Originally published August 22 2008
Acupuncture Boosts Fertility by 65 Percent in Women
by David Gutierrez, staff writer
(NauralNews) The use of acupuncture raises the odds of a successful in vitro fertilization by 65 percent, according to a study conducted by researchers from the University of Maryland Medical School and published in the British Medical Journal.
In vitro fertilization involves inserting a needle into a woman's ovaries to retrieve her eggs, fertilizing them in a laboratory and then reimplanting them into her uterus. It is an intensive and costly process that does not always result in successful pregnancy.
Researchers conducted an analysis of seven prior studies on the effectiveness of acupuncture in increasing the success of in vitro fertilization, involving a total of 1,366 women. For every 10 women undergoing in vitro fertilization and acupuncture together, the researchers found, one extra pregnancy would result compared with women who used in vitro fertilization alone.
"We offer acupuncture to all our in vitro fertilization patients" said Brian Kaplan, a fertility specialist at Fertility Centers of Illinois.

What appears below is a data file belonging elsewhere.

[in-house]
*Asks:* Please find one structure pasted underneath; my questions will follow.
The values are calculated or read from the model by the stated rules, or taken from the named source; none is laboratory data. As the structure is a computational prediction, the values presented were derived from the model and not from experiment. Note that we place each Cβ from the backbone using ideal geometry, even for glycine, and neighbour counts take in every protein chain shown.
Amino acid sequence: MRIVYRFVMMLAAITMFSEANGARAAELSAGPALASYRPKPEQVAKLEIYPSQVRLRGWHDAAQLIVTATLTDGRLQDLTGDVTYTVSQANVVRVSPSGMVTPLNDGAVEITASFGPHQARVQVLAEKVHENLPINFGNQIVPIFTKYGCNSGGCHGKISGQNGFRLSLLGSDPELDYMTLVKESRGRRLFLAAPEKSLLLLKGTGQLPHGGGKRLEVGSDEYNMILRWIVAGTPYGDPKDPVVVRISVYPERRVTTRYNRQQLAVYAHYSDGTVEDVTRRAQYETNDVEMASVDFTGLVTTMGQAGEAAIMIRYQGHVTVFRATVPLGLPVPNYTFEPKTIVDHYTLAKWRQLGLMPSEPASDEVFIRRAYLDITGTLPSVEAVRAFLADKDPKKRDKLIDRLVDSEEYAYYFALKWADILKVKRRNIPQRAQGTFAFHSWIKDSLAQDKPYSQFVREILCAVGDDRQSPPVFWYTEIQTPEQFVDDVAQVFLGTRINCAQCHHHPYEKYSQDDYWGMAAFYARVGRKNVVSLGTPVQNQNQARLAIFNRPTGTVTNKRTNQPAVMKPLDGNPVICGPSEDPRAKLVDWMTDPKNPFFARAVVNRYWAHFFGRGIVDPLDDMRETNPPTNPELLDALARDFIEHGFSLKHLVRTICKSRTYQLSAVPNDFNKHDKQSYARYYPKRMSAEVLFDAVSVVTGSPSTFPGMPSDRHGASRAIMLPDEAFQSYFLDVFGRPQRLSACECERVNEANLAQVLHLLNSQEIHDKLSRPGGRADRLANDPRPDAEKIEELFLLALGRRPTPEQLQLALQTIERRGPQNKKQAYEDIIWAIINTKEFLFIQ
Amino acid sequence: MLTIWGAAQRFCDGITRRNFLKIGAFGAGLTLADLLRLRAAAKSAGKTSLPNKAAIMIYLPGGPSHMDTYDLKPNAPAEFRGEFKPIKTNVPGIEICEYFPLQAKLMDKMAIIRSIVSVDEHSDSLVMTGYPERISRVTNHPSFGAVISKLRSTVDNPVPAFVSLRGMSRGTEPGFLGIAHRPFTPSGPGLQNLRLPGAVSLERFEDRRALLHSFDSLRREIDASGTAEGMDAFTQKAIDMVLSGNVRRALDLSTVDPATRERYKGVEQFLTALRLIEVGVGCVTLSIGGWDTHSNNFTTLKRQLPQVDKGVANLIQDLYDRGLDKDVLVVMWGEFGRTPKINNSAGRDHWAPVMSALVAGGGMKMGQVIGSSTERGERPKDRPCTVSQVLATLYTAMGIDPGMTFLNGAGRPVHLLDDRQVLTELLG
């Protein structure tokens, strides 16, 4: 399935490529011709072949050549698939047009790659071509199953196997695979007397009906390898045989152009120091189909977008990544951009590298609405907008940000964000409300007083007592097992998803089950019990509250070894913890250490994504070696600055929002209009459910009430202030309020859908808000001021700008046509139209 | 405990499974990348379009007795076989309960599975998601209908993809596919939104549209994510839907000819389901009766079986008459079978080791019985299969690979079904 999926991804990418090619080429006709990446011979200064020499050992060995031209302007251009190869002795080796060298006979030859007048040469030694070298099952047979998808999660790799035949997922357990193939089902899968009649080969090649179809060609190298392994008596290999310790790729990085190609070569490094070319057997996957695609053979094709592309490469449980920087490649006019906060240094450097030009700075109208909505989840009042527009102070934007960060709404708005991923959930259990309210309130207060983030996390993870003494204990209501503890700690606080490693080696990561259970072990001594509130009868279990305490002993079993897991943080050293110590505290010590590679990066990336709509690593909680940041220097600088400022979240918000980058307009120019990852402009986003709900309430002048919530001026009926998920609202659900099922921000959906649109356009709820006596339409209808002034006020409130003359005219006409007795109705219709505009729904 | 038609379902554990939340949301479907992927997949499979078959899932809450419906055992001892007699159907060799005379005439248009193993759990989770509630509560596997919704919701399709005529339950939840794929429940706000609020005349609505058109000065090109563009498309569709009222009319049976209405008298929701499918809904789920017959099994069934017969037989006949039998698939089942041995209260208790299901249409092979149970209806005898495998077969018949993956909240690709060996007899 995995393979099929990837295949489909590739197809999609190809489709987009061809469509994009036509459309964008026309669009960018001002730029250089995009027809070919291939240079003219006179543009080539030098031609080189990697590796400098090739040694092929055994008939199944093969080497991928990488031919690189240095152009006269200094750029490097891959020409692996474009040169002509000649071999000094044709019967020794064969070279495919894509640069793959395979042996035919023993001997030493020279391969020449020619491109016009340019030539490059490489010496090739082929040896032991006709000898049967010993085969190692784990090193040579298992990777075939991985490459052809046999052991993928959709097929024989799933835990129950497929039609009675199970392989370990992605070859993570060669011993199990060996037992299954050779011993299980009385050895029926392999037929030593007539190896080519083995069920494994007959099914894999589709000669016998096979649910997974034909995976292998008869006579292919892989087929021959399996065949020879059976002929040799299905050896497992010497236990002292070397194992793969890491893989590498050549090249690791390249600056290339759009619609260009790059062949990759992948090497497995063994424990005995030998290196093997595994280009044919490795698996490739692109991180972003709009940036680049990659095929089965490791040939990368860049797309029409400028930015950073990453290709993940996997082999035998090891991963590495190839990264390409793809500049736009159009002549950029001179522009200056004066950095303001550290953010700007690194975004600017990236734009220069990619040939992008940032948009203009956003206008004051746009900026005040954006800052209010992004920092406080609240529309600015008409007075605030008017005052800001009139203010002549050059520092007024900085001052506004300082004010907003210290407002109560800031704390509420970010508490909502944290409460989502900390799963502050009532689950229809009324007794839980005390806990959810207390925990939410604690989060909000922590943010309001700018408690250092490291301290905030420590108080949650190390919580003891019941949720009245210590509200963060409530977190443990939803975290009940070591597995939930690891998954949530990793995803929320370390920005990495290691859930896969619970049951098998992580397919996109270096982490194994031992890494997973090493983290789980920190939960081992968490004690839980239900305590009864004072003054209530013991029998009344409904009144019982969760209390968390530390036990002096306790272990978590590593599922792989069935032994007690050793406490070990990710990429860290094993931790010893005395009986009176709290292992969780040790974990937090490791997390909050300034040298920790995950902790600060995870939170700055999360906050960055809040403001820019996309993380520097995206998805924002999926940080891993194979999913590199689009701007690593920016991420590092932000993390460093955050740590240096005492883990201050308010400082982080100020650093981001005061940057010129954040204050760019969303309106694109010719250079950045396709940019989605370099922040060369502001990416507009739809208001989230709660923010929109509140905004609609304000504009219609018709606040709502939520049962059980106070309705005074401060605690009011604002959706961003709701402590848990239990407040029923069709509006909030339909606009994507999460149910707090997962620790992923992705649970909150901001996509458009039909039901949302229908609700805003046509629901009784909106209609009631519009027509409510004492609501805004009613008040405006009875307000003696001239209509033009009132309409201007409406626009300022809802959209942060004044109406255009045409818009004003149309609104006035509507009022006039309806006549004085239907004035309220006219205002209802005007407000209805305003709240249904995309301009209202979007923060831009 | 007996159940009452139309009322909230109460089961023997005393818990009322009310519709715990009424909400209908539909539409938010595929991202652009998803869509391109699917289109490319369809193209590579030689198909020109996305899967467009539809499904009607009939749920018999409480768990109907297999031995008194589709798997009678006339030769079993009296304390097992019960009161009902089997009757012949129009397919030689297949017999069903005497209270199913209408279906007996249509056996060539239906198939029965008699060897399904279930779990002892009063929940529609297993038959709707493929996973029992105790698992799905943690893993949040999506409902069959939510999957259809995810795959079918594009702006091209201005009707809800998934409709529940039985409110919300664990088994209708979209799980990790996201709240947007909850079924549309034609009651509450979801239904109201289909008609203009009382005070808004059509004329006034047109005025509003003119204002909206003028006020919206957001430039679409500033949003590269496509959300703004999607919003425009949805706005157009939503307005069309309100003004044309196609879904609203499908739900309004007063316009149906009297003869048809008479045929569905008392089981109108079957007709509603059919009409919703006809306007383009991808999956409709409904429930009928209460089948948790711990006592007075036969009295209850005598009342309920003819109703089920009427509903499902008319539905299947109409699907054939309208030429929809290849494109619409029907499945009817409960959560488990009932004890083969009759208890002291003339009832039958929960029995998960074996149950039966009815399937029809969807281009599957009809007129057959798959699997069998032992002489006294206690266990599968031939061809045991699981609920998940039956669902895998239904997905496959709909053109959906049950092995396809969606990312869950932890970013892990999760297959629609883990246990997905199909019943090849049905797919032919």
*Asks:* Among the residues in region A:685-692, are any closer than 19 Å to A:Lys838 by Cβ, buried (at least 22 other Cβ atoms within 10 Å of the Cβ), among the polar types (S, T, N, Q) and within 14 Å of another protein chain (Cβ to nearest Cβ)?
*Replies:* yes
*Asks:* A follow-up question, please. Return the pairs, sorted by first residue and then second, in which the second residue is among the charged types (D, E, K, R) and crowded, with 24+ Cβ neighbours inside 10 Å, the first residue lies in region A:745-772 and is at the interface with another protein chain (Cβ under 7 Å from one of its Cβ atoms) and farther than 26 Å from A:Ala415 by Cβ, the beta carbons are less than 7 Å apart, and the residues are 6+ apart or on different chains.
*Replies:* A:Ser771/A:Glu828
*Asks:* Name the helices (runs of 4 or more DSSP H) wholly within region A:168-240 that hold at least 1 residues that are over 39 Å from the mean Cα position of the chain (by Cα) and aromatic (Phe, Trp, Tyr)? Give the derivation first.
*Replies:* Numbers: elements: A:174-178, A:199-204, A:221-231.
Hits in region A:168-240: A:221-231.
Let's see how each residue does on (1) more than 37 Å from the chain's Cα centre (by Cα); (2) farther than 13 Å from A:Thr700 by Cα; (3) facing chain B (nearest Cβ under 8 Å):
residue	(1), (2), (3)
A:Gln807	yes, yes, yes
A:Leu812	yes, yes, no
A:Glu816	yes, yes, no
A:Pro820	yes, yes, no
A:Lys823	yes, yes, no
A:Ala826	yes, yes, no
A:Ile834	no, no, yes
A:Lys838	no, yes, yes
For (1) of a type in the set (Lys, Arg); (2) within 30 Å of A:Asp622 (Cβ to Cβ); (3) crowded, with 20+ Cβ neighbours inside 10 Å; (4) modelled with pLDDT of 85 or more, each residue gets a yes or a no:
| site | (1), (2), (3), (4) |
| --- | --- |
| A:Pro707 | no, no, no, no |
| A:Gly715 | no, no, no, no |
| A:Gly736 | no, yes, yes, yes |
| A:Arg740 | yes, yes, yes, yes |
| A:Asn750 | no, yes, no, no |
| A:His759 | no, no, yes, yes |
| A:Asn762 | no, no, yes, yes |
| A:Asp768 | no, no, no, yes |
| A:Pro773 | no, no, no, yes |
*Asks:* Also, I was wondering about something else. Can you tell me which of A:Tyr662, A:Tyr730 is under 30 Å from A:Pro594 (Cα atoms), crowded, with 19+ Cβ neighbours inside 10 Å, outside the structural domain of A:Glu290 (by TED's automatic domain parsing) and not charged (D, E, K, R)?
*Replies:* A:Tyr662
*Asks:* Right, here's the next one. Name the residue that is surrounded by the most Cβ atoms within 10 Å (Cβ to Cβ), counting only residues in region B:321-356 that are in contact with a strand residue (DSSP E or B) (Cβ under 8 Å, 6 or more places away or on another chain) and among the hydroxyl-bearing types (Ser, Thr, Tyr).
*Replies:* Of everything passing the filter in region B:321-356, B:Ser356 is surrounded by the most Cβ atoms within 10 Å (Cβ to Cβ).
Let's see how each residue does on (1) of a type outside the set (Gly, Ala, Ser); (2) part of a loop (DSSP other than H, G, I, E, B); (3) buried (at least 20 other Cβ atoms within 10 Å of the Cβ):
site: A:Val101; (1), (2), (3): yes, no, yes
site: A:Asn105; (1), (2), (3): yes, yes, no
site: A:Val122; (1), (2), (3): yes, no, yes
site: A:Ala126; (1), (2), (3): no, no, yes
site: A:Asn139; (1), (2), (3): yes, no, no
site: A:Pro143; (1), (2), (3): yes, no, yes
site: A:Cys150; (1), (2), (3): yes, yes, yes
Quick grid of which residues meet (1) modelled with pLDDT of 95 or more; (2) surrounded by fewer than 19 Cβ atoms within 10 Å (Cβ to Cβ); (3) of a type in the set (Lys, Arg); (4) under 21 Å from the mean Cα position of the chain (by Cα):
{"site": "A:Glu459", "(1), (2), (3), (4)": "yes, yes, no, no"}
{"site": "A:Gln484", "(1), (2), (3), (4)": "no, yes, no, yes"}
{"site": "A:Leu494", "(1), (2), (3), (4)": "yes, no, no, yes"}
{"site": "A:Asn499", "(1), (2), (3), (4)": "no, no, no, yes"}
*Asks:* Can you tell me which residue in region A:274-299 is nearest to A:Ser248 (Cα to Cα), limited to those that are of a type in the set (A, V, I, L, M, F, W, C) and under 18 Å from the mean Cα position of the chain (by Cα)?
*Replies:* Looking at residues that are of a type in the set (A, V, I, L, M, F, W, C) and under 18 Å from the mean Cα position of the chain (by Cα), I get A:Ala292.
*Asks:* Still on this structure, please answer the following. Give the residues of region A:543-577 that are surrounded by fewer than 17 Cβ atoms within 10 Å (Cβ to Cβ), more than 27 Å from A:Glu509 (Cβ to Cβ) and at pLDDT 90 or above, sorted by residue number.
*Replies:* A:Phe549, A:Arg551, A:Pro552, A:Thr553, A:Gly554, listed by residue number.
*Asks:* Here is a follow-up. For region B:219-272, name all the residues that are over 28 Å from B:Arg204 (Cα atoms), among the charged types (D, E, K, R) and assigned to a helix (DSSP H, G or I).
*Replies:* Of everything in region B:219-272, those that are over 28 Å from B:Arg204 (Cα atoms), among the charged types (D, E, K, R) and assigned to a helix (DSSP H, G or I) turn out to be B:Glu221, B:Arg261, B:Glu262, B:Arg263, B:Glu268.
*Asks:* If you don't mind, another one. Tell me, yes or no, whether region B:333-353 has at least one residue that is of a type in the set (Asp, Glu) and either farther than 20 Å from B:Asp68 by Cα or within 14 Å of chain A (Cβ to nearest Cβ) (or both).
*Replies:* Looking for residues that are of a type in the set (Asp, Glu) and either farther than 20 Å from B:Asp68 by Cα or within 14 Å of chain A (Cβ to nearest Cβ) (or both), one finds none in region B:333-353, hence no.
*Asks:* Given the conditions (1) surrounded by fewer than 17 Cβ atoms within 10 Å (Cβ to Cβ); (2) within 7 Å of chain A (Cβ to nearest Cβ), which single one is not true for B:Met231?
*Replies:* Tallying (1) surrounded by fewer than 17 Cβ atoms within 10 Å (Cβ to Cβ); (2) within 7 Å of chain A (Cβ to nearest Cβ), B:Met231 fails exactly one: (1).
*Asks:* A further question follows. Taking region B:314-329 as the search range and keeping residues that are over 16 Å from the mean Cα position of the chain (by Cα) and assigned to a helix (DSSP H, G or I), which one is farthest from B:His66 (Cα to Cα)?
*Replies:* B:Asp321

Acupuncture is an ancient Chinese medical practice of inserting needles into the body at specific points ("meridians"). The researchers were unable to determine why acupuncture improved the success of the in vitro fertilization process, but they noted that one of acupuncture's traditional uses has long been to regulate female reproduction.
Researchers speculate that acupuncture might improve the flow of blood to the uterus, thus increasing the chance that a fertilized embryo will implant successfully. In addition, acupuncture might help the body produce more of the hormones that regulate ovulation and fertility, as well as hormones that reduce stress.
Stress has long been known to have a negative effect on fertility.
A long-term study by different researchers is currently underway to determine if acupuncture is as effective at improving fertility when needles are inserted at sham meridians, or if the proper placement of needles actually makes a difference.
Approximately 10 to 15 percent of couples in the United States seek specialized fertility treatments to overcome a difficulty in becoming pregnant.
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